The US Department of Justice (DoJ), which has won the latest round of its antitrust battle with Microsoft, said it is satisfied with the Supreme Court's decision not to take up the matter.
"We're pleased with the court's decision," the DoJ's Gina Talamona said. "We'll continue our progress in the district court."
Iowa Attorney General Tom Miller, one of the Attorneys General of the 18 states that joined with the DoJ in opposing Microsoft, said he too is pleased that the Supreme Court has declined to take up the Microsoft case and that it will proceed on the schedule set forth by Judge Kollar-Kotelly.
"We are not surprised that the Supreme Court did not take up the matter because the decision by the Court of Appeals was unanimous and very well-reasoned," said Miller in a statement.
Microsoft officials, on the other hand, said they were disappointed in the Supreme Court's refusal to hear the case, but will not lodge any more appeals for the time being.
Spokesman Jim Desler said: "We understood coming in that very few petitions for Supreme Court review are granted and had hoped that our petition was one of the few the Supreme Court could review this term."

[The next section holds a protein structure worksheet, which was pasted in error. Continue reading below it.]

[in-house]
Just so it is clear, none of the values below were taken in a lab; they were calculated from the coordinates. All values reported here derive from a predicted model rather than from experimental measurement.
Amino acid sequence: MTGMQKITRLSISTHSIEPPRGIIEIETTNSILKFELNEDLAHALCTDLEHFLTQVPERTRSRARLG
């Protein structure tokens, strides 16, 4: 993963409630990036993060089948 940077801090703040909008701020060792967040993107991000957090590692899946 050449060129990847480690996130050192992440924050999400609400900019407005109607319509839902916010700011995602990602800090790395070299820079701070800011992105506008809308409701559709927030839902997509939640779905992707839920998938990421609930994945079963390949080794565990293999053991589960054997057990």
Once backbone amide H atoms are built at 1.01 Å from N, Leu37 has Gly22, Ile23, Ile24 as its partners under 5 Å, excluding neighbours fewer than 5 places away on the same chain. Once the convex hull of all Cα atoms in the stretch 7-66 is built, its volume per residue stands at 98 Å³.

Desler added that Microsoft will continue moving forward and will comply with the Court's order to work with the Government to settle the case.
Many industry officials said that Microsoft's appeal to the Supreme Court was a long shot, mainly because it is still in disorder in the lower courts, and that it was not a big surprise that the court refused to hear the case without any comment.
Giga Information Group analyst Rob Enderle maintained that this was expected. "Microsoft's move was to delay any action against Windows XP until they could get it out the door. With it on hardware now, it would appear their strategy was successful," he said.
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